• Citizenship is taught and assessed as a foundational subject at key levels 3 and 4, with some interesting resources provided by the professional association. But it has been described as “a second level subject that has been put into a crowded, assessment-oriented curriculum,” so it is unclear what to hope for here.
  • Finally, it is generally said that media literacy is at its core critical thinking (asking for evidence, questioning sources, analyzing claims, considering what is at stake for whom, etc.) and therefore throughout the curriculum from history to science or English; but it is far from clear that this is happening as the political emphasis is on traditional “book learning”.

Media literacy policy – now you can see it, now you don’t see it

As far as I know, media literacy is only mentioned in two places in the regulation:

  1. “OFCOM has the duty to take the measures and reach agreements that it considers calculated” […] to make a difference or encourage others to make a difference [Media literacy]”(Section 11, Media Literacy Duty, Communications Act 2003)
  2. “The Commission shall submit a report on the application of this Directive to the European Parliament, the Council and the European Economic and Social Committee by 19 December 2011 at the latest and every three years thereafter and, if necessary, submit further proposals to adapt them to developments in the field of audiovisual media services , in particular in the light of recent technological developments, the competitiveness of the sector and the level of media literacy in all Member States. “(Article 33, Audiovisual Media Services Directive 2010 – AVMSD)

In practice, both statements have proven to be as strong or as weak as policy makers and regulators would like:

  • Until 2010 Ofcom promoted media literacy vigorously in the UK and internationally, with financial and political support from the then government. But when the coalition government came to power in 2010, both forms of support were unceremoniously discontinued, and there has been little progress since then, except in specific areas of digital access and internet security.
  • The UK’s support for media literacy in the AVMSD has never been very visible, especially when it appears to be a regulatory burden. As far as I know, the UK government did not cry when the recent revision of the AVMSD, frustrating media literacy advocates, suddenly and inexplicably failed to mention media literacy. Nor do I believe that it has welcomed the European Union of Spectators ‘Interests’ fight for its reinstatement, as the European Parliament’s Committee on Education and Culture has now agreed. In addition to updating Article 33 above, an important paragraph has been added:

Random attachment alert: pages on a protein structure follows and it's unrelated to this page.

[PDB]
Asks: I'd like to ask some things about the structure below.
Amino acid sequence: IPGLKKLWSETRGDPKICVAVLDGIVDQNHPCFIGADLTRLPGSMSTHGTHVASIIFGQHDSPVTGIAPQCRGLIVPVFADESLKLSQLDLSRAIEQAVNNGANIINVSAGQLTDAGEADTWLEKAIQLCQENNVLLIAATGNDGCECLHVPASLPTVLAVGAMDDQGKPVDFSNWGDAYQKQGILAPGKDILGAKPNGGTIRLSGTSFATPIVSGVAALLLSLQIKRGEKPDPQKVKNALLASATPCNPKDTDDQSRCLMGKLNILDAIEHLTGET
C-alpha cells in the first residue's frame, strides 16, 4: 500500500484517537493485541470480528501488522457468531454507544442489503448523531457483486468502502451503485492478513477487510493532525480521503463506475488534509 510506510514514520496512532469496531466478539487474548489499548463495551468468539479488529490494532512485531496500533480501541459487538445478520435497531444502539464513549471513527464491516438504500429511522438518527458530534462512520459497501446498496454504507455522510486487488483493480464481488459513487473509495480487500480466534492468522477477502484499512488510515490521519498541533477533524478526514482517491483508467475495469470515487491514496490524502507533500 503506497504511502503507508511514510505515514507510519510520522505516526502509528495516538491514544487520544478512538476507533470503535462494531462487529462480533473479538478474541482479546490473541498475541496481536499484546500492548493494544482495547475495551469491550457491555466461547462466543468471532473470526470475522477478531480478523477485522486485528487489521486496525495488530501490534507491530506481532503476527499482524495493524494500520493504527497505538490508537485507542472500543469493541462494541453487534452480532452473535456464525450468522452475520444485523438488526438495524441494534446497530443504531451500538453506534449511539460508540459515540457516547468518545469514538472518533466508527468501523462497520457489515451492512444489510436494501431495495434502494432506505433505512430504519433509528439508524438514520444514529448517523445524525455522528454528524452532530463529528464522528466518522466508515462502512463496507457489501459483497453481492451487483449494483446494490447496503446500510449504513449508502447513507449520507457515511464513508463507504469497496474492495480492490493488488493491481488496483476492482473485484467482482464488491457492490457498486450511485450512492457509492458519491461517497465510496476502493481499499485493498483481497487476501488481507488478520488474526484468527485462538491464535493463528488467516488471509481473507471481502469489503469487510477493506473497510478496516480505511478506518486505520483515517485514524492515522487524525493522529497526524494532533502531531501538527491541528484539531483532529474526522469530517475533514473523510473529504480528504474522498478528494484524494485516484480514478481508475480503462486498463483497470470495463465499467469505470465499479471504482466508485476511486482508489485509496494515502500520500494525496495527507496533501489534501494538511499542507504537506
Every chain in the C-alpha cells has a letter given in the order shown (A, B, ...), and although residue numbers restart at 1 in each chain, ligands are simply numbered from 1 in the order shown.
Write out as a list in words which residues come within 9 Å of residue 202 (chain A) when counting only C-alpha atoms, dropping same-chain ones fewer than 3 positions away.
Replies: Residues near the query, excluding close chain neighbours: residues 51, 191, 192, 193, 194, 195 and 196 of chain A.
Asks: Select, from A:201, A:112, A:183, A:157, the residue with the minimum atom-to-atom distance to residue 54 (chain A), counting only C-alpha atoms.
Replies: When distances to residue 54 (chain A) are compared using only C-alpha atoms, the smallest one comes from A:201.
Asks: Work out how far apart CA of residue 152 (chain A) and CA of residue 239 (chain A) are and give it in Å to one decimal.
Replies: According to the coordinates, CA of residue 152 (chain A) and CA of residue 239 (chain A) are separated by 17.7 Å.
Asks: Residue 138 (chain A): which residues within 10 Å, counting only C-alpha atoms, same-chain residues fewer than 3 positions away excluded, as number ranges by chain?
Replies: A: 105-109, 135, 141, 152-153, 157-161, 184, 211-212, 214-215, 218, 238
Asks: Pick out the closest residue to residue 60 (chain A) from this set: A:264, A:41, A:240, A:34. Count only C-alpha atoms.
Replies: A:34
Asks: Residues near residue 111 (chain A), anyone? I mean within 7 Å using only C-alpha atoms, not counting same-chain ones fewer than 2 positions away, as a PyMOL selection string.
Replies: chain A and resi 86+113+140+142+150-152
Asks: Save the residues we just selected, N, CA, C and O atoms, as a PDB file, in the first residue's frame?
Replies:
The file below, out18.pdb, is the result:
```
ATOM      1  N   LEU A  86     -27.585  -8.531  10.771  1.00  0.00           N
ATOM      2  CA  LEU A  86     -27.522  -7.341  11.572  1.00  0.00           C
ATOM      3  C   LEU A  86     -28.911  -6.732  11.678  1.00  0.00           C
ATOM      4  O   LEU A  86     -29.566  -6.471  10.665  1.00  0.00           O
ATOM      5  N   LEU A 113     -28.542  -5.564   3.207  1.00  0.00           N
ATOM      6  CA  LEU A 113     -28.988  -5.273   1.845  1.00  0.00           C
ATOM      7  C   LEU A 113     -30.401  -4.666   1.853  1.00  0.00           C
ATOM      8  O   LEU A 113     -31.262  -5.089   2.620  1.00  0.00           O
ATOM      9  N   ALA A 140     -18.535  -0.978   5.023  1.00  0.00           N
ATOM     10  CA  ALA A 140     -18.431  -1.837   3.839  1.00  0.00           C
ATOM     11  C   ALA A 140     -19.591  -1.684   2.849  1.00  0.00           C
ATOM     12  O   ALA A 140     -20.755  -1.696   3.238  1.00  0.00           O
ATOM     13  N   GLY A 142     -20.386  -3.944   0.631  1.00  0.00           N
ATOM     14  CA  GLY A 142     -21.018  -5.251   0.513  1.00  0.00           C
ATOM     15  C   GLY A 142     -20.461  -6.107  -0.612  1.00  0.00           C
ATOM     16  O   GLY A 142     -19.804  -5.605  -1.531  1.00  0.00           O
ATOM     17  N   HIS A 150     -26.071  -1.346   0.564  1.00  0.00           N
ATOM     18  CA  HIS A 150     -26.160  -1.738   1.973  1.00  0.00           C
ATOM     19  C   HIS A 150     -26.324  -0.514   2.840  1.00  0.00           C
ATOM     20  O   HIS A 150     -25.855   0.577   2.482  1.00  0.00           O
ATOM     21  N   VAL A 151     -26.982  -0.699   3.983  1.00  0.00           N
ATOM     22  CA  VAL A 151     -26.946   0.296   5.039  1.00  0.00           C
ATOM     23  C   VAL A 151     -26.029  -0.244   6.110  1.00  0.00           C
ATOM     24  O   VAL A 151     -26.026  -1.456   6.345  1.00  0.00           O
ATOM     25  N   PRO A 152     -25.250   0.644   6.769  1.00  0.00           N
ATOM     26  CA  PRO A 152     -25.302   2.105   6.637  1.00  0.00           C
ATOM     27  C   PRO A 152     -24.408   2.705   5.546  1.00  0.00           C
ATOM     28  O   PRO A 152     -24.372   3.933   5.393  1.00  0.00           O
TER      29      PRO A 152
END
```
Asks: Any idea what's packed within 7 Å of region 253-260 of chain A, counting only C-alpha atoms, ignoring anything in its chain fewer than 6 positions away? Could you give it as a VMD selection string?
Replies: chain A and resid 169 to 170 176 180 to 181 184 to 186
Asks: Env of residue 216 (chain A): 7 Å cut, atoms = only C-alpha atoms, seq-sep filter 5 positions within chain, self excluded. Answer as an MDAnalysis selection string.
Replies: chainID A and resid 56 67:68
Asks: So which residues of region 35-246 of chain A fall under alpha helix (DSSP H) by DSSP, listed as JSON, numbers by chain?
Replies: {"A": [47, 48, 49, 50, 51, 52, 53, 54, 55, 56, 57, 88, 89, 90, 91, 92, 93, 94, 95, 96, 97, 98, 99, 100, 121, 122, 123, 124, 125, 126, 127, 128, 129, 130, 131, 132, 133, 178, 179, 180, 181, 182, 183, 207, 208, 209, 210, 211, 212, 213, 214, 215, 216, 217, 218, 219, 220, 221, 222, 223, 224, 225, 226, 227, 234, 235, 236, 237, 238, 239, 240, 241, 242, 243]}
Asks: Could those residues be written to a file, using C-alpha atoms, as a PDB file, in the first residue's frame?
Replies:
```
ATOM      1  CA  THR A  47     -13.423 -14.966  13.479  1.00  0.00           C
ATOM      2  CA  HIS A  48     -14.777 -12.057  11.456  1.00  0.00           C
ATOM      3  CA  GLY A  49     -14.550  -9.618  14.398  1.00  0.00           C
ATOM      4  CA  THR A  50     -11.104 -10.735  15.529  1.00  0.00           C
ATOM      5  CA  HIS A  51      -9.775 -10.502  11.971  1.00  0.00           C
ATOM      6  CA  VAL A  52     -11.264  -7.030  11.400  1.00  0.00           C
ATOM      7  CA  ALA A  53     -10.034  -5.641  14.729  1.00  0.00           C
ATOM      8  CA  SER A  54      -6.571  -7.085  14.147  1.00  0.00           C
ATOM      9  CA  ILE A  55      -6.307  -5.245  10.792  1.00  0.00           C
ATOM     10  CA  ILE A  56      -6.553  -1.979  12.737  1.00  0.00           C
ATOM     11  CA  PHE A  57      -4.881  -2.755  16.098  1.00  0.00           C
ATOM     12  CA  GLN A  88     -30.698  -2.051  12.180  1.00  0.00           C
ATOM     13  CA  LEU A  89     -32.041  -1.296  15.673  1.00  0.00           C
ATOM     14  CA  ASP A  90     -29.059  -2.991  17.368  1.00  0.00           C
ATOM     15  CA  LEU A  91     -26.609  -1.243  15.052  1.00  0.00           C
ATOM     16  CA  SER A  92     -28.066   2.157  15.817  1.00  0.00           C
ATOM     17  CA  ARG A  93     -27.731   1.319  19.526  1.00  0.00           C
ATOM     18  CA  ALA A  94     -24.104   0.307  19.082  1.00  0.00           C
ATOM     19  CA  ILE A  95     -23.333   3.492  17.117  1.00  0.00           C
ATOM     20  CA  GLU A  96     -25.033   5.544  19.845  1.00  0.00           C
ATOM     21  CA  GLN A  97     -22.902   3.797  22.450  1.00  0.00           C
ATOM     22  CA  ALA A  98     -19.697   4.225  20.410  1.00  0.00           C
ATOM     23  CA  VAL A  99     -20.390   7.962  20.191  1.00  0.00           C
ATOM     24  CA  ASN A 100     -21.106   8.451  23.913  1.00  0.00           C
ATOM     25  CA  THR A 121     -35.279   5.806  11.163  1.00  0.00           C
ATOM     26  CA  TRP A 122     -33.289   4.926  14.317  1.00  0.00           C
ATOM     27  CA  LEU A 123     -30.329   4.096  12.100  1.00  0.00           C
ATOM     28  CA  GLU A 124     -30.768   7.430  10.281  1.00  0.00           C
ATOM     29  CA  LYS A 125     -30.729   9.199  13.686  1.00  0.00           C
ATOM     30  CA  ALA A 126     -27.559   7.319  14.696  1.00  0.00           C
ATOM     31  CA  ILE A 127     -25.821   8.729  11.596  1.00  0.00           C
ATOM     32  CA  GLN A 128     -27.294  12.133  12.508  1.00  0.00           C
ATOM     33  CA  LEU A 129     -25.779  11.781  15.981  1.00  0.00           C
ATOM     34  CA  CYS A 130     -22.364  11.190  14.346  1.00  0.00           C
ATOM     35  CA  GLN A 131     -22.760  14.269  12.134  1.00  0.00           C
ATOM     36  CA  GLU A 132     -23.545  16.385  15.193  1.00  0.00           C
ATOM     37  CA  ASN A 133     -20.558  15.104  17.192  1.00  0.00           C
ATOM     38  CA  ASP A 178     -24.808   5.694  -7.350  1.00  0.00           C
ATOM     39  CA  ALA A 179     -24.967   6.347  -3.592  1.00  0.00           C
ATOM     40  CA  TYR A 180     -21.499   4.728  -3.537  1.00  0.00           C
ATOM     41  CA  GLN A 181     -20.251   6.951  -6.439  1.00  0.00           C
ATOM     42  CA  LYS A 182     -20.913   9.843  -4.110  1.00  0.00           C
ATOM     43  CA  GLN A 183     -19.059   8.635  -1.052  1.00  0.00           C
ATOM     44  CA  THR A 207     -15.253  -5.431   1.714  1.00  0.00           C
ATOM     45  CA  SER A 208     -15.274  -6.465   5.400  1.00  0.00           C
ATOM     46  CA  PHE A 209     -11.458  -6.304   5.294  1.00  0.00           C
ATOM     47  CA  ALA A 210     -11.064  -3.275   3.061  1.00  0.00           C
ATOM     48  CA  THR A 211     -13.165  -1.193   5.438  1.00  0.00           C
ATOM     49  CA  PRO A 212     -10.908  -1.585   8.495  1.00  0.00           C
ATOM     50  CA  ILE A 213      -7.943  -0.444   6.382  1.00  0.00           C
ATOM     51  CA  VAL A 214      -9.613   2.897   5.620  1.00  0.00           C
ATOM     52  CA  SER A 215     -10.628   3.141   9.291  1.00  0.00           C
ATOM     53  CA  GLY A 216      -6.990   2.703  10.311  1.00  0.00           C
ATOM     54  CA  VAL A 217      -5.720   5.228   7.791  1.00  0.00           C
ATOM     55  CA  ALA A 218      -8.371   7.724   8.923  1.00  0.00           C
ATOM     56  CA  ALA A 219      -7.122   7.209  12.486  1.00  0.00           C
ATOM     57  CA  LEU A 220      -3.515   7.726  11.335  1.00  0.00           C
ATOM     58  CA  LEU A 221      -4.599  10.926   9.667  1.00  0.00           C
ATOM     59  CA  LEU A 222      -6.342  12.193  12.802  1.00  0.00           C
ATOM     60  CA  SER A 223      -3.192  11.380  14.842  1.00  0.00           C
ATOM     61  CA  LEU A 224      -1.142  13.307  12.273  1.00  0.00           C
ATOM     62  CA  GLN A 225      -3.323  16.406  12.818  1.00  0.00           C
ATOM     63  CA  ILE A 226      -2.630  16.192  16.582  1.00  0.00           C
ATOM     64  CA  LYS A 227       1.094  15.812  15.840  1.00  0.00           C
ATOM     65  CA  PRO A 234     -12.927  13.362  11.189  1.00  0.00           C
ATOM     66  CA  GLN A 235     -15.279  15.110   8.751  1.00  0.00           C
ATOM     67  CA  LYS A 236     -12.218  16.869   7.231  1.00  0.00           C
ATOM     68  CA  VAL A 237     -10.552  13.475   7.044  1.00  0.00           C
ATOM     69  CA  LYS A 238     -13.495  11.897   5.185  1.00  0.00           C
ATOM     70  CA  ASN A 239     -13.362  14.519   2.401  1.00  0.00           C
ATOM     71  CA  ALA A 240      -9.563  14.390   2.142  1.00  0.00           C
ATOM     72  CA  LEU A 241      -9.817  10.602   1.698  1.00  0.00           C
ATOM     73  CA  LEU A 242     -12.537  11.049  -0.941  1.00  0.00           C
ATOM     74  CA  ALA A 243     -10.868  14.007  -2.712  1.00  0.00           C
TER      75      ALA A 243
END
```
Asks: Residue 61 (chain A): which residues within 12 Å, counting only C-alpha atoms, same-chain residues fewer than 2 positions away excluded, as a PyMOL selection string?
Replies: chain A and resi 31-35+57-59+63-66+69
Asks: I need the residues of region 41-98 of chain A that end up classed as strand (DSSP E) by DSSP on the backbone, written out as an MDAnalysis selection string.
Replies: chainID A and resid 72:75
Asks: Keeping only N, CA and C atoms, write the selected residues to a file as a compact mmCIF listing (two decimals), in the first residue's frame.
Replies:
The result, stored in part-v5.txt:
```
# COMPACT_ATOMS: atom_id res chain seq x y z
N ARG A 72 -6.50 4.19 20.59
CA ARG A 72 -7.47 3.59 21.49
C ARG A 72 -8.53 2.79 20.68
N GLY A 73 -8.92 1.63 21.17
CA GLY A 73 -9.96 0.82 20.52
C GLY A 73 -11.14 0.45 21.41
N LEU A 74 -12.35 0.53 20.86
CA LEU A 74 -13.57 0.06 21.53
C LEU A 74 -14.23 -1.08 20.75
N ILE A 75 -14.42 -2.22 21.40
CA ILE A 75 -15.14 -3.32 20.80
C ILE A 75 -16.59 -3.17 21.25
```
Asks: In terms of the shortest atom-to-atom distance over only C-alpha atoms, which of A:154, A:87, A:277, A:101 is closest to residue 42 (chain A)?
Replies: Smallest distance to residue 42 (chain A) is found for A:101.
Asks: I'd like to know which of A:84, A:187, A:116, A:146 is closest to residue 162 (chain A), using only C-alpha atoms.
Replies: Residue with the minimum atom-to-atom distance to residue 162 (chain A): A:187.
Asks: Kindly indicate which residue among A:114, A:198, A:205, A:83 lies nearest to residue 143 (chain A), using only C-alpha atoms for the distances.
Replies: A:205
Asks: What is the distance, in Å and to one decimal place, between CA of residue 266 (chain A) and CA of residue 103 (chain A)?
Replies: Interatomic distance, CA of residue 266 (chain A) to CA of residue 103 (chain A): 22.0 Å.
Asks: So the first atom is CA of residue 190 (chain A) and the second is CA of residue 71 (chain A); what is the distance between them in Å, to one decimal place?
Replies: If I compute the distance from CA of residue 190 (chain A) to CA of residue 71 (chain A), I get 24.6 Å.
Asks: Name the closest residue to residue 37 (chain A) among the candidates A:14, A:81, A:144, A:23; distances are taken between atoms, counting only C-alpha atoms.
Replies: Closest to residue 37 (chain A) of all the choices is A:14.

“In order to enable citizens to access information, make informed decisions, evaluate media contexts, use media content responsibly, evaluate it critically and create it, they need advanced media skills. This would enable them to understand the nature of content and services and to take advantage of the full range of possibilities offered by communication technologies so that they can use the media effectively and safely. Media literacy should not be limited to learning tools and technology, but should aim to equip individuals with the critical thinking skills necessary to make judgments, analyze complex realities, see the difference between opinions and facts, and all Resist forms of hate speech. The development of media literacy of all citizens, regardless of age, should be promoted. “(New (8a))

For some, this will be inspiring in and of itself. For others, media literacy is a good idea only insofar as the more educated the British population, the less likely we are to be inundated with #fakenews or #privacyfails or #onlinerisk stories, leading to calls for more industry regulation. In any case, I urge those who are now demanding media literacy:

  1. Again call on Ofcom to respect both the spirit and the text of the law by not only doing research (valuable as it is) but also promoting media literacy in the UK.
  2. Make sure the revised AVMSD includes the media literacy provisions above and that we will incorporate this into UK law after Brexit.
  3. Work on making media literacy a compulsory subject in the school curriculum.

Will that be enough?

Media education is a long-term solution – it takes thoughtful educational strategies and years of teaching, not a one-off campaign. It takes investment in teacher training, not branding. It should be evaluated in terms of learning outcomes and not in terms of simple reach.

The country has long been a global thought leader in media literacy research and education. It is ironic, then, that such expertise has fallen on deaf ears more recently, especially in the UK than in the rest of the world.

Perhaps the excitement over “fake news”, along with other problems that are finally on the public agenda, are the impetus to really change something now.

This article represents the views of the author and not the position of the Media Policy Project or the London School of Economics.